Supermarket Property investment “reboots” following Sector Turbulence

Posted on 25 March, 2015 by Kirsten Kennedy

The troubles facing the “Big Four” supermarket chains in the UK have been well documented for some time, with the influx of discount competition and resulting falling sales causing many to rein back on new store openings. However, it appears that the property investment market for the sector has “rebooted” in recent months, with investors increasingly keen to snap up primary assets in strong locations.


According to the MSCI/Colliers International UK Supermarket Investment Report, investors bought £1.3 billion worth of supermarket property assets during 2014, providing an average total return of 7 per cent.

This was despite the fact that numerous operators issued profit warnings and chose to halt new openings, causing clearly defined primary and secondary asset markets to develop.

Head of UK retail investment at Colliers International, James Watson, explained that this has allowed the sector to effectively reboot itself whilst providing numerous opportunities for a broadening base of investors.

He says; ““Operator difficulties are being offset by an improving economic situation and a more constrained supply of new supermarket assets – however, there is now a more clearly defined primary and secondary market for assets.

“Yields for the prime stores let to on RPI-linked leases will hold firm, but returns for stores let on open market rental leases are being affected and the secondary market has more pain to come.

“The current average yield gap between prime and secondary assets is simply not wide enough to reflect the inherent risk profiles of these assets so we will see further pricing adjustments this year.”

While many investors remain cautious about the outlook for the supermarket sector, there is no denying that recent profits reports have had a positive impact upon the market.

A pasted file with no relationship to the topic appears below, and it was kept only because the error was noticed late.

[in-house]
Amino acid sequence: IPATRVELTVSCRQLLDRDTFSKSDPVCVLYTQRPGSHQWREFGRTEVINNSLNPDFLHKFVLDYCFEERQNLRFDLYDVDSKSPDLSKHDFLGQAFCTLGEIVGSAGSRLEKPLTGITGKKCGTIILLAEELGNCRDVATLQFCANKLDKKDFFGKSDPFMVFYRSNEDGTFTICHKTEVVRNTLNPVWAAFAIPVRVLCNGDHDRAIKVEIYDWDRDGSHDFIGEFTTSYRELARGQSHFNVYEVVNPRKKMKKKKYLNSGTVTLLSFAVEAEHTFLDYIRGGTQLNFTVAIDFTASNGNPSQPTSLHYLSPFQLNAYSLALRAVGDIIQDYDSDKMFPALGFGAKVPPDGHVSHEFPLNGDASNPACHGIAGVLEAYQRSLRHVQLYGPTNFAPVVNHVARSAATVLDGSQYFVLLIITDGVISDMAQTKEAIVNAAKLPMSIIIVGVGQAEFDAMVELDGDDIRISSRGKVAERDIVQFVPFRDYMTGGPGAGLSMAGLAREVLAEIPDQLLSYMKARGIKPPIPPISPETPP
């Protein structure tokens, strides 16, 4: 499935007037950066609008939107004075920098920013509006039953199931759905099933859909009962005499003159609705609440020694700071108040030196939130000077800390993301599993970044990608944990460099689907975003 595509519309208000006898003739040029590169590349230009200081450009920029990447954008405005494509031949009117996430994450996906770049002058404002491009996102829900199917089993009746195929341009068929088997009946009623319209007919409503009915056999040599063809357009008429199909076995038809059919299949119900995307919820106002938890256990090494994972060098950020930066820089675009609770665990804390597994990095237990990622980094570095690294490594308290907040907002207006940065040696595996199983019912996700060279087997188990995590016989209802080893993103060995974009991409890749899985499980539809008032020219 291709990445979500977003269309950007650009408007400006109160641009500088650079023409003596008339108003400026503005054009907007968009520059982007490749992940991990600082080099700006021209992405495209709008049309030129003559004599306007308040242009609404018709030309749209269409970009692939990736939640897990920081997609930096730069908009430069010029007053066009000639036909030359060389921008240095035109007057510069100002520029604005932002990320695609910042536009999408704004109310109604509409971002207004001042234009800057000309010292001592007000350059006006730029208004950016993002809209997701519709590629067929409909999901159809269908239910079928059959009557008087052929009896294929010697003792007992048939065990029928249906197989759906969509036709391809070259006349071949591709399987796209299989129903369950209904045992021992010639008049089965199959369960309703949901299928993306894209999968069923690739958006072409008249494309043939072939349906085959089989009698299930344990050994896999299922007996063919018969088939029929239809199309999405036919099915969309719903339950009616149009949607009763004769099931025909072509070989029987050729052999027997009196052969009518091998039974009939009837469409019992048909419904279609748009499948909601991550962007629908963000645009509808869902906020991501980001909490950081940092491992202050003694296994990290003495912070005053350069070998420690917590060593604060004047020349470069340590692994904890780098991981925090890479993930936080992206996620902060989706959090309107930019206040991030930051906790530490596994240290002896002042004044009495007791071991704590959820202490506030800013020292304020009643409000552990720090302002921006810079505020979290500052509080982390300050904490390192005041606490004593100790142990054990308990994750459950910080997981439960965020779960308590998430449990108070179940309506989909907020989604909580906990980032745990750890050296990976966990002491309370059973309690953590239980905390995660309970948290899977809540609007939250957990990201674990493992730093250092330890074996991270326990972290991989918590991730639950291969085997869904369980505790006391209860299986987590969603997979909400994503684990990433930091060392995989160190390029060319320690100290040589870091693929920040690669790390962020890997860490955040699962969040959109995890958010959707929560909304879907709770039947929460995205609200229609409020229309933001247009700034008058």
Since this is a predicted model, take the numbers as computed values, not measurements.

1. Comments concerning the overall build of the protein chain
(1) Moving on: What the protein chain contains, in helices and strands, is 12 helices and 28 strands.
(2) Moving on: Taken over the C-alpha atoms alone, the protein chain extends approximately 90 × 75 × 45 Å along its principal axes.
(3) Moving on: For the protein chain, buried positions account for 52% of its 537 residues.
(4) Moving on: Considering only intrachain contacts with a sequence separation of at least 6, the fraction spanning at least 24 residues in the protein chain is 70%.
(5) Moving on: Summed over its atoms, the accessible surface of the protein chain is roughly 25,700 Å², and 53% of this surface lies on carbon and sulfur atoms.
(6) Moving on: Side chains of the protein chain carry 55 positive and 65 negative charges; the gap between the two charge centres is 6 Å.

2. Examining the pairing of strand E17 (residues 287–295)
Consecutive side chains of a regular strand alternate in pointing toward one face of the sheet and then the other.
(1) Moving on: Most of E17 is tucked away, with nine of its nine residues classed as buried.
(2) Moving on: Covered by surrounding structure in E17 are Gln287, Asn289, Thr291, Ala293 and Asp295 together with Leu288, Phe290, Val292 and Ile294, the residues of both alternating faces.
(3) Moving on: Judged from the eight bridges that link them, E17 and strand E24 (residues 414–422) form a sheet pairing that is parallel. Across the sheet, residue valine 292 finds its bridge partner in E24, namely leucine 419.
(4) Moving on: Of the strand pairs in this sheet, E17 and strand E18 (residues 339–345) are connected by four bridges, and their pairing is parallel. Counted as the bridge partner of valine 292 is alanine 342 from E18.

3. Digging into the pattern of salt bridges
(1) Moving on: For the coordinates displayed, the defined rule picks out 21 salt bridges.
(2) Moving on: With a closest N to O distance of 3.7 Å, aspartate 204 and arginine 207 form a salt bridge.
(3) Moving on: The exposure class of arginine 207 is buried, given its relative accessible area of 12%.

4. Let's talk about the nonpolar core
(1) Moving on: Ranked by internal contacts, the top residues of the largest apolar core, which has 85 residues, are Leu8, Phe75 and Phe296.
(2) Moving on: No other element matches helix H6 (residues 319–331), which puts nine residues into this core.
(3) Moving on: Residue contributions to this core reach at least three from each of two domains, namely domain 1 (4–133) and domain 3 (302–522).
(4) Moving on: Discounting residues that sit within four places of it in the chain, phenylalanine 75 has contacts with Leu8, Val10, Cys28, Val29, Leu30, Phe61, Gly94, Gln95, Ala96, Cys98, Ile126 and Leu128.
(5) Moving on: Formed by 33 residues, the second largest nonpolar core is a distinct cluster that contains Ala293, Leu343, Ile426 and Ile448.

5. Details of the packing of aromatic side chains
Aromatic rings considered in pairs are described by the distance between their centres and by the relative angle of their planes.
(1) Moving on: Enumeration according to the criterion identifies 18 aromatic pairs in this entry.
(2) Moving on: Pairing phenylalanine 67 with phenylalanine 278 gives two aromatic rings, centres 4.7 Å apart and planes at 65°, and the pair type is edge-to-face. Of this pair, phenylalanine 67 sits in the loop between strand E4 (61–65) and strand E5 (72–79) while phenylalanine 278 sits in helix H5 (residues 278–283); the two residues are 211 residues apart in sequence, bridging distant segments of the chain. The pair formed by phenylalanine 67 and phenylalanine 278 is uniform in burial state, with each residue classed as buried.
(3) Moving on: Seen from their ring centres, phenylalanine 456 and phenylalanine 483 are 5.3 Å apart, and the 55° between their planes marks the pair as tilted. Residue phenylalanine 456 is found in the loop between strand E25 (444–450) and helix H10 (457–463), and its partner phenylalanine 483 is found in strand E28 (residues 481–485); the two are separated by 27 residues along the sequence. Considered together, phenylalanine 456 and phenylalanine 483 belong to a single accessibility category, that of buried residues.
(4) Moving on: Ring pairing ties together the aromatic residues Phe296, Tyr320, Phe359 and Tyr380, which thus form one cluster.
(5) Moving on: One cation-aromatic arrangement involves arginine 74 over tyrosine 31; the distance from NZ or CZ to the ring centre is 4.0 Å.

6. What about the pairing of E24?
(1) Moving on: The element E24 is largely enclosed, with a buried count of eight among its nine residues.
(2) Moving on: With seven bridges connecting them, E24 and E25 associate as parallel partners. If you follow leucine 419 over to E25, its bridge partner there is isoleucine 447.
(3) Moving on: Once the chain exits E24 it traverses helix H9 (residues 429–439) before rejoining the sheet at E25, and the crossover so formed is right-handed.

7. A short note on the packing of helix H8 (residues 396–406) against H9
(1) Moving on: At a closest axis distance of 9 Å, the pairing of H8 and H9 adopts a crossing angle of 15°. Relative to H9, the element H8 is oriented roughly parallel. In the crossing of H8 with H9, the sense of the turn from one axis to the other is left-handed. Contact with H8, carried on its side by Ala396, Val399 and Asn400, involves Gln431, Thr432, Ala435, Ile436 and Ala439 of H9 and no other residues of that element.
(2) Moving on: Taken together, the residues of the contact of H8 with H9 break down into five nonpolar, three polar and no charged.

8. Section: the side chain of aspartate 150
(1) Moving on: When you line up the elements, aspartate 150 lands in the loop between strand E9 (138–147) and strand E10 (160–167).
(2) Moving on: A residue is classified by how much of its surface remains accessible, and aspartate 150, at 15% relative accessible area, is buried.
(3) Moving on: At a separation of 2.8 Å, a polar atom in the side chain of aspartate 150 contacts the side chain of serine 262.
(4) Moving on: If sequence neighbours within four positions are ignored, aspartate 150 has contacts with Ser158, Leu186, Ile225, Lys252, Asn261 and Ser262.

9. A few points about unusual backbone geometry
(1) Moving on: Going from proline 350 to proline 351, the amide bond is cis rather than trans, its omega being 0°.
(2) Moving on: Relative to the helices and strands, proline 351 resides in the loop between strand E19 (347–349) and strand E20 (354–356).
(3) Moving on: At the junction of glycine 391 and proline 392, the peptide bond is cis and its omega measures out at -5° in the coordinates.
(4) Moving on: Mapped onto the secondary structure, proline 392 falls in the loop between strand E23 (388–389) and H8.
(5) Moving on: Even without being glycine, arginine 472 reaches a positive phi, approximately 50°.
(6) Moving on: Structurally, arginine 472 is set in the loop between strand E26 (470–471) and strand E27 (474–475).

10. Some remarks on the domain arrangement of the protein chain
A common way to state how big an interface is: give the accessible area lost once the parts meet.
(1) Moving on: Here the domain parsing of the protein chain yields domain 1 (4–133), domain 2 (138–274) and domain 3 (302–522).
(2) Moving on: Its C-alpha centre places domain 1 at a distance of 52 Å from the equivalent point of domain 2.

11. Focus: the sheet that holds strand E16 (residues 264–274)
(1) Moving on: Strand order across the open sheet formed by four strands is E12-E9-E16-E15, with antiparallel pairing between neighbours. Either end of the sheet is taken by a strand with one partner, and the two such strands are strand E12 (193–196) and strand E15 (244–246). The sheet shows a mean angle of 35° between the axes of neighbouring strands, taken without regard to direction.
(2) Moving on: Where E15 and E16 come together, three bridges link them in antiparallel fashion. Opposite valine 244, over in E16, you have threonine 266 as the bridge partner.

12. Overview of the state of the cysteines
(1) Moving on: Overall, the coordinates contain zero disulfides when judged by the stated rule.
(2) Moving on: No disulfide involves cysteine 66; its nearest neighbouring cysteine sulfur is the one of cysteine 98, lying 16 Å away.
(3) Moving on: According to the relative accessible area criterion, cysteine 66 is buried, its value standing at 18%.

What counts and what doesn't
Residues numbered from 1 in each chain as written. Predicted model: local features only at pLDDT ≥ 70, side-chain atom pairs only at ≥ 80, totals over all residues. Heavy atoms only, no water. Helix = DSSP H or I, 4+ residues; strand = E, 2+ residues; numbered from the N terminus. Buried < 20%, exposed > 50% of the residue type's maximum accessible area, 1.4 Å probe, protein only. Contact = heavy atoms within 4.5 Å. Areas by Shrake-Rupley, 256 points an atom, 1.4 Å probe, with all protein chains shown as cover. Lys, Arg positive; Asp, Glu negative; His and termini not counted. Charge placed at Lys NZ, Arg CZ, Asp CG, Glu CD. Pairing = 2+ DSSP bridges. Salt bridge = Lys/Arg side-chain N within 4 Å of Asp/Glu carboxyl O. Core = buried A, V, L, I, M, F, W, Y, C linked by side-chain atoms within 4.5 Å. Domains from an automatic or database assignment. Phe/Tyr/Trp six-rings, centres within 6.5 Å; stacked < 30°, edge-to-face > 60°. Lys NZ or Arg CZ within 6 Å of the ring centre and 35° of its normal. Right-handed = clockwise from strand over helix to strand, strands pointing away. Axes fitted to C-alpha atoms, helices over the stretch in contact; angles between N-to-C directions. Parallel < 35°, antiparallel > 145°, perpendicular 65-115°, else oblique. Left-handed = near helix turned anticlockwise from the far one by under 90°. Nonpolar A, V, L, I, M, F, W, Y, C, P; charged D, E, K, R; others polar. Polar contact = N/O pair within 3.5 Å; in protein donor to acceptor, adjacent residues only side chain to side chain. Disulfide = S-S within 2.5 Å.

Tesco, for example, has managed to claw its way back from consistently falling sales last year to posting relatively strong rises during the past quarter, while major discounter rival Aldi posted its worst performance for several years – although sales continue to rise they are currently doing so at their slowest pace for some time, and the ebb of market share from the Big Four has contracted noticeably.

Yet Aldi remains the strongest growing brand in the supermarket sector, with more than 1 million sq ft of new space currently in its development pipeline. The Big Four, by contrast, have a combined 3.9 million sq ft of new space in the pipeline, much of which is dedicated to convenience stores and smaller supermarkets.

Nevertheless, senior associate at MSCI, Colm Lauder, says; “Supermarkets’ stronger lease profile and inflation linked rent reviews have produced a cyclical performance profile with higher peaks during recovery periods and smaller troughs in downturns.

“Over the longer term, this has helped supermarket returns to outpace other retail property types, an advantage that was most pronounced during the recent global downturn.

“Despite deteriorating trading conditions for many occupiers, supermarkets remained strong, recording a more robust total return and crucially avoiding rental value declines.”

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